The Role of SQL

The term Structured Query Language is, actually, rather a misnomer.

That’s down to the fact that SQL is way more than a mere query tool, though retrieving data from a computer database was SQL’s originally intended purposes and it still is the most important function for which the database language is employed by almost all leading IT enterprises.

However, having said that, SQL is extensively employed to control all important functions a user can perform through a database management system, including:

  1. Data definition. SQL allows a database administrator to define the organization and structure of stored data and the relationships amongst different stored data items.
  2. Data retrieval. SQL helps an application or user program to fetch stored data from a computer database and make use of it.
  3. Data manipulation. SQL helps an application or user program to update the computer database by removing old data, modifying hitherto stored data, and adding new data.
  4. Access control. SQL can also be deployed for restricting user permission for adding, retrieving or modifying stored data, thence protecting data from unauthorized access.
  5. Data sharing. SQL is used by concurrent users to coordinate data sharing to ensure the users don’t interfere with one another.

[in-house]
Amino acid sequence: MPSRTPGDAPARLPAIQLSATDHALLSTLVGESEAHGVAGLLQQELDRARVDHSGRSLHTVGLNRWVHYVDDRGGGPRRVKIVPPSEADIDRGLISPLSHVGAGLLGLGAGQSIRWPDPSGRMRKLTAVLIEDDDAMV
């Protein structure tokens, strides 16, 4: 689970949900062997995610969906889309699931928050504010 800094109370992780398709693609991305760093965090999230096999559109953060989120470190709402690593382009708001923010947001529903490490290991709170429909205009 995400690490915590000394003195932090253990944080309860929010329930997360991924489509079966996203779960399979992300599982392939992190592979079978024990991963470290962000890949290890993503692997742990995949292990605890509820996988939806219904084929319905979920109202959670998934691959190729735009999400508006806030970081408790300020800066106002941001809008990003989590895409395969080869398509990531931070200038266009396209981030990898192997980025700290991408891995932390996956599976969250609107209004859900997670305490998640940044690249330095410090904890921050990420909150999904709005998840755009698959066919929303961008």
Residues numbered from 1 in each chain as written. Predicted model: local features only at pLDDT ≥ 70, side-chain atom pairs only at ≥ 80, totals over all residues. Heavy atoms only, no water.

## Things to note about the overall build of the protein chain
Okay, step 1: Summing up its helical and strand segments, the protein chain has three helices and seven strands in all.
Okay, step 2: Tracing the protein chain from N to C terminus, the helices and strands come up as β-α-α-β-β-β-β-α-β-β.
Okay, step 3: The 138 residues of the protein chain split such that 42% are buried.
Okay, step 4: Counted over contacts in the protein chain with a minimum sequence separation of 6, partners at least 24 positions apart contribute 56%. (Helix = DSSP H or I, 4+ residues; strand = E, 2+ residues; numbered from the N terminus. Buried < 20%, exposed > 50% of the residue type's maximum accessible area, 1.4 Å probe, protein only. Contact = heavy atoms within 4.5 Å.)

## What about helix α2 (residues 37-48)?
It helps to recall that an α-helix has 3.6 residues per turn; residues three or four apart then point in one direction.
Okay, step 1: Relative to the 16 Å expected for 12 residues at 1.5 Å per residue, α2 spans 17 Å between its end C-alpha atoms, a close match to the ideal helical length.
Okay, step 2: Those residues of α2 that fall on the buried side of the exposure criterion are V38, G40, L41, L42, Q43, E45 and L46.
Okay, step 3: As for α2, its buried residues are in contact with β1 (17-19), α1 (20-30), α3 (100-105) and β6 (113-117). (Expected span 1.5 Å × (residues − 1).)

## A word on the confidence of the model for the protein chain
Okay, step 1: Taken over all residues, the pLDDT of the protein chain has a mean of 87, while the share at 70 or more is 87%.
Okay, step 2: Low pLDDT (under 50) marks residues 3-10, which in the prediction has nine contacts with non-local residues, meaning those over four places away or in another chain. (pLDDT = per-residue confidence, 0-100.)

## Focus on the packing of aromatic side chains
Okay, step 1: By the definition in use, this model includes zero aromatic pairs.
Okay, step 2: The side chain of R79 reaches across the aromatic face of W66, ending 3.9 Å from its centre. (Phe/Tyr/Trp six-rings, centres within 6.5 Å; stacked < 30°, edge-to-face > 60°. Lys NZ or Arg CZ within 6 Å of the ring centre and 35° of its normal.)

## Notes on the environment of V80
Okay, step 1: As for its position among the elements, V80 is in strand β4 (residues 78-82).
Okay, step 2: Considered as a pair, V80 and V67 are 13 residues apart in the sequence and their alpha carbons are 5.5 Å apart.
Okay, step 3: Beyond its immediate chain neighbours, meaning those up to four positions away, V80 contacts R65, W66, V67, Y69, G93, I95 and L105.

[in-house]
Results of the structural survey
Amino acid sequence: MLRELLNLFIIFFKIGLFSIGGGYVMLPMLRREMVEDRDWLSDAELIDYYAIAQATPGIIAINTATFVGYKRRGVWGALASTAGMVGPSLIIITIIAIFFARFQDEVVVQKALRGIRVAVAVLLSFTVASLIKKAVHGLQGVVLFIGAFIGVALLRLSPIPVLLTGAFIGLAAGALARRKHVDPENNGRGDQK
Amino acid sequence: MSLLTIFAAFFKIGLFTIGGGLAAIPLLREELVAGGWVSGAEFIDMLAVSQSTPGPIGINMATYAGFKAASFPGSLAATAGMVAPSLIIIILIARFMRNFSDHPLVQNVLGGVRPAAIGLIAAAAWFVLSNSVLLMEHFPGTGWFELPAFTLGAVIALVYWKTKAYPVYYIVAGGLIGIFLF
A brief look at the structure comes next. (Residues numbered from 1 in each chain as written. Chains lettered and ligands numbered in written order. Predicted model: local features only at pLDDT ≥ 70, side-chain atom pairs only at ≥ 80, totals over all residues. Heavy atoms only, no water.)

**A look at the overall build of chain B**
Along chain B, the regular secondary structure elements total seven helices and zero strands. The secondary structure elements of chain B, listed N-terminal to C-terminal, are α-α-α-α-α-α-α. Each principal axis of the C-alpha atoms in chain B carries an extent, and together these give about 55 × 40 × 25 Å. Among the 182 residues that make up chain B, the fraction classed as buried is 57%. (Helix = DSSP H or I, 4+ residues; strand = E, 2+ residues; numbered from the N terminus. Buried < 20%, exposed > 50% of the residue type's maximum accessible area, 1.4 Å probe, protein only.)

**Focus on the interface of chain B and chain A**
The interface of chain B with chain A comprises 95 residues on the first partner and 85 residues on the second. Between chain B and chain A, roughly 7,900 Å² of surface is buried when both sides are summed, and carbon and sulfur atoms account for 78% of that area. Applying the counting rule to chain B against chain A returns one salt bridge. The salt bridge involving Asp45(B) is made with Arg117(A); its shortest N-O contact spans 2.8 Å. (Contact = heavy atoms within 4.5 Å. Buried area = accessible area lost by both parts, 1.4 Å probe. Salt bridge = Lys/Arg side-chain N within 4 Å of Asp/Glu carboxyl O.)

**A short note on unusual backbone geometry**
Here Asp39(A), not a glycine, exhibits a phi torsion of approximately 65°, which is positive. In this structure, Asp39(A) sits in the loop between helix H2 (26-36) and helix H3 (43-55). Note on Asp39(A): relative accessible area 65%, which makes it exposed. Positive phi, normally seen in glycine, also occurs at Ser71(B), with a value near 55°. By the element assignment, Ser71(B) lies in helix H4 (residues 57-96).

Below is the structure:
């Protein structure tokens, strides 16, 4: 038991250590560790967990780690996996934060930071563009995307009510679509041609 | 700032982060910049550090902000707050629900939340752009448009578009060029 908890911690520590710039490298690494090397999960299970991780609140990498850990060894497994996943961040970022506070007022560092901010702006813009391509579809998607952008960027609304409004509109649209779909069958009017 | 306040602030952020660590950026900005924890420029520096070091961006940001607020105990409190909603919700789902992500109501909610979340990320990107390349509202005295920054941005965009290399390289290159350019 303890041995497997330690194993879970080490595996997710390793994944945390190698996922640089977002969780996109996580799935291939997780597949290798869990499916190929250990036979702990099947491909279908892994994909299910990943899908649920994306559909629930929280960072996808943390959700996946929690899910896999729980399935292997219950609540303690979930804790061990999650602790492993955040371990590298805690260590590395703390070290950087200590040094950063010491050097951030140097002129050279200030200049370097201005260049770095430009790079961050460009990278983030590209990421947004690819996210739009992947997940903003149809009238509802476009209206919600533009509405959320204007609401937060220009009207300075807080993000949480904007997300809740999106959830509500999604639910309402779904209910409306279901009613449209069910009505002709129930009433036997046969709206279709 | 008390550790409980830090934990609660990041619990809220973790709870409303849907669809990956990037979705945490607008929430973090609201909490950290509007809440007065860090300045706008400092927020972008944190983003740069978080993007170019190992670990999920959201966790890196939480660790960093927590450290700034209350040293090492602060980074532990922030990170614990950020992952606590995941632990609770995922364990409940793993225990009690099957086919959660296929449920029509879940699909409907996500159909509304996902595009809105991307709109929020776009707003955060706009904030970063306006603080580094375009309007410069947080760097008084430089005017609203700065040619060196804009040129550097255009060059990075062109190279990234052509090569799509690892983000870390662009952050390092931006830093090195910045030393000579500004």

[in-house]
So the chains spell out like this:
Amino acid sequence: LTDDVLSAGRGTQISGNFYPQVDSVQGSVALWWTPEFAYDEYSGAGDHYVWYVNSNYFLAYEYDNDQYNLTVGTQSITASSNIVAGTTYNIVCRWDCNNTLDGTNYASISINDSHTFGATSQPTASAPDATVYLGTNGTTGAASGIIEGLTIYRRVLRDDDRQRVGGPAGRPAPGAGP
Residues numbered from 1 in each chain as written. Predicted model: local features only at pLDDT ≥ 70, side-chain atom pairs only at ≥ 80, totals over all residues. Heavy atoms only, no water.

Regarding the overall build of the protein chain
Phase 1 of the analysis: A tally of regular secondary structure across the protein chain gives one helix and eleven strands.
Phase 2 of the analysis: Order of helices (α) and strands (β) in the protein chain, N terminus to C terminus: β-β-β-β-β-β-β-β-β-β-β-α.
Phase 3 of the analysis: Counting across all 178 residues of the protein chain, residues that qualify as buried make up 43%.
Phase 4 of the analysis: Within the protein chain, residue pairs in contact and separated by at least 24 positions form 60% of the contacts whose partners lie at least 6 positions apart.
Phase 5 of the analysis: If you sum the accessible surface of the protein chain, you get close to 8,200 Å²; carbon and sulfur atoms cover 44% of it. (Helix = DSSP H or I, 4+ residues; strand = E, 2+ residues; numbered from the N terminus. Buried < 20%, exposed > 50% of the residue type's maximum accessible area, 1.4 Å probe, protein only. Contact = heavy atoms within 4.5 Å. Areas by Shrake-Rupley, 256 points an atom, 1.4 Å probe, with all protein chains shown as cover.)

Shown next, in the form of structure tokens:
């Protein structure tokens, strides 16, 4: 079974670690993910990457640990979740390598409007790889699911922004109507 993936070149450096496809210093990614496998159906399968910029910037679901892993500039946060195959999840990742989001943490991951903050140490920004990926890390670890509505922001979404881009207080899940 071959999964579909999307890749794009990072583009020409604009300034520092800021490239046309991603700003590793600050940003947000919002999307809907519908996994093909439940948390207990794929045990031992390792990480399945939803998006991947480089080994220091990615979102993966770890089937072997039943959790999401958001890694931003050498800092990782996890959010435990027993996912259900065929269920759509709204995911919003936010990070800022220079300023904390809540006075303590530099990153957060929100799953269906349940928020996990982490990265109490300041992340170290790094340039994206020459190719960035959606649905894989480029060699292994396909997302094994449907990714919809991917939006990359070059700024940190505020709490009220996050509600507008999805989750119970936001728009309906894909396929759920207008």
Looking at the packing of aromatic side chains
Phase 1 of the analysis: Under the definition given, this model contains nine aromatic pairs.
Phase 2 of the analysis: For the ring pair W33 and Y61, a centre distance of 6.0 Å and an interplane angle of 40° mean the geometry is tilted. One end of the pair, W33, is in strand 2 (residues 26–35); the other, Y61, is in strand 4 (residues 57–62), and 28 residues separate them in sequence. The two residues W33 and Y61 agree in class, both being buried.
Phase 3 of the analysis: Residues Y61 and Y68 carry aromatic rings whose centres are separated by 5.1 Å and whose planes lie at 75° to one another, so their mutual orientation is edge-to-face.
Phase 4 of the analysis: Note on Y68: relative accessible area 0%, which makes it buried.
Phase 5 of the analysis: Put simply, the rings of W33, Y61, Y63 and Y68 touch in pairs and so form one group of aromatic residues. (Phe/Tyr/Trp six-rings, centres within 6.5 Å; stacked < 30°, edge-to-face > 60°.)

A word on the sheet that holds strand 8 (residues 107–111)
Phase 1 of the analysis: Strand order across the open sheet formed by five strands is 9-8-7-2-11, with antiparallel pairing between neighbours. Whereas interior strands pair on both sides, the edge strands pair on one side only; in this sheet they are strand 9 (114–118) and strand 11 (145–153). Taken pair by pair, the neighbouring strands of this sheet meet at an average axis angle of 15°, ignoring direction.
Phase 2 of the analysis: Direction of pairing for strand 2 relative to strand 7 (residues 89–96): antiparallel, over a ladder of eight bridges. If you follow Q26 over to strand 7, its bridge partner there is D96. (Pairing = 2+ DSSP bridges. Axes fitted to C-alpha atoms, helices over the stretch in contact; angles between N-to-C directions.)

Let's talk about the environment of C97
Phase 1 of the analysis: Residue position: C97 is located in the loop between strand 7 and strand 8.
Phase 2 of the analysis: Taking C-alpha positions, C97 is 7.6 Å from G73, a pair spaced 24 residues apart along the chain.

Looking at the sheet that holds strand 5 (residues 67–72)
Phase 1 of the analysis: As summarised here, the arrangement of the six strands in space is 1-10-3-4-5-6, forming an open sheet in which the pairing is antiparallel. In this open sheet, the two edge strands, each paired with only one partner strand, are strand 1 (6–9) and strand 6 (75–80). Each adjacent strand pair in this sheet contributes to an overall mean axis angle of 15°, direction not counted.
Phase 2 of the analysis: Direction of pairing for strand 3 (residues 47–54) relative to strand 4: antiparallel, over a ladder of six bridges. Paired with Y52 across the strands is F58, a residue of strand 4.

6. Data integrity. SQL is also used in a database to define integrity constraints to prevent data corruption by system failure or inconsistent update.

SQL is, therefore, a comprehensive language and a resourceful, powerful tool to control and interact with a computer database system.

Second, SQL is essentially a sub-language

SQL can’t exactly be termed as a complete language like C, C++, Java, Python or COBOL. In SQL, there’s no IF statement to test conditions; also it does not have any FOR, GOTO, or DO statement to control program flow.

SQL is, instead, a database sub-language that comprises of nearly forty statements specialized to perform database management tasks.

A user can embed these SQL statements in any other complete language like C or COBOL for extending the compatibility of that language with the database.

As an alternate, a programmer can explicitly sent them to a database system for processing, by using a CLI (Call Level Interface) from a computer language like C, C++ or Java.

Finally, SQL isn’t predominantly a structured language, particularly when equated to extremely structured languages, for example Pascal, Java, or C. SQL statements instead look like English sentences, completed by "noise words" that essentially add no meaning to the statement and are used only for making the sentence more readable.

Moreover, the SQL language has a few inconsistencies, along with some special rules to avoid the construction of SQL statements that look fairly legal but do not generally make much sense. Regardless of these widespread inaccuracies in its name, SQL has surfaced as the standard relational database language. SQL is relatively easy to learn yet an immensely powerful language at the same time.

The Role of SQL

SQL is not itself a standalone product or a complete database. You cannot step into a computer store and ask for "SQL." Instead, SQL is an integral part of a database management system, a language and a tool to communicate with the DBMS.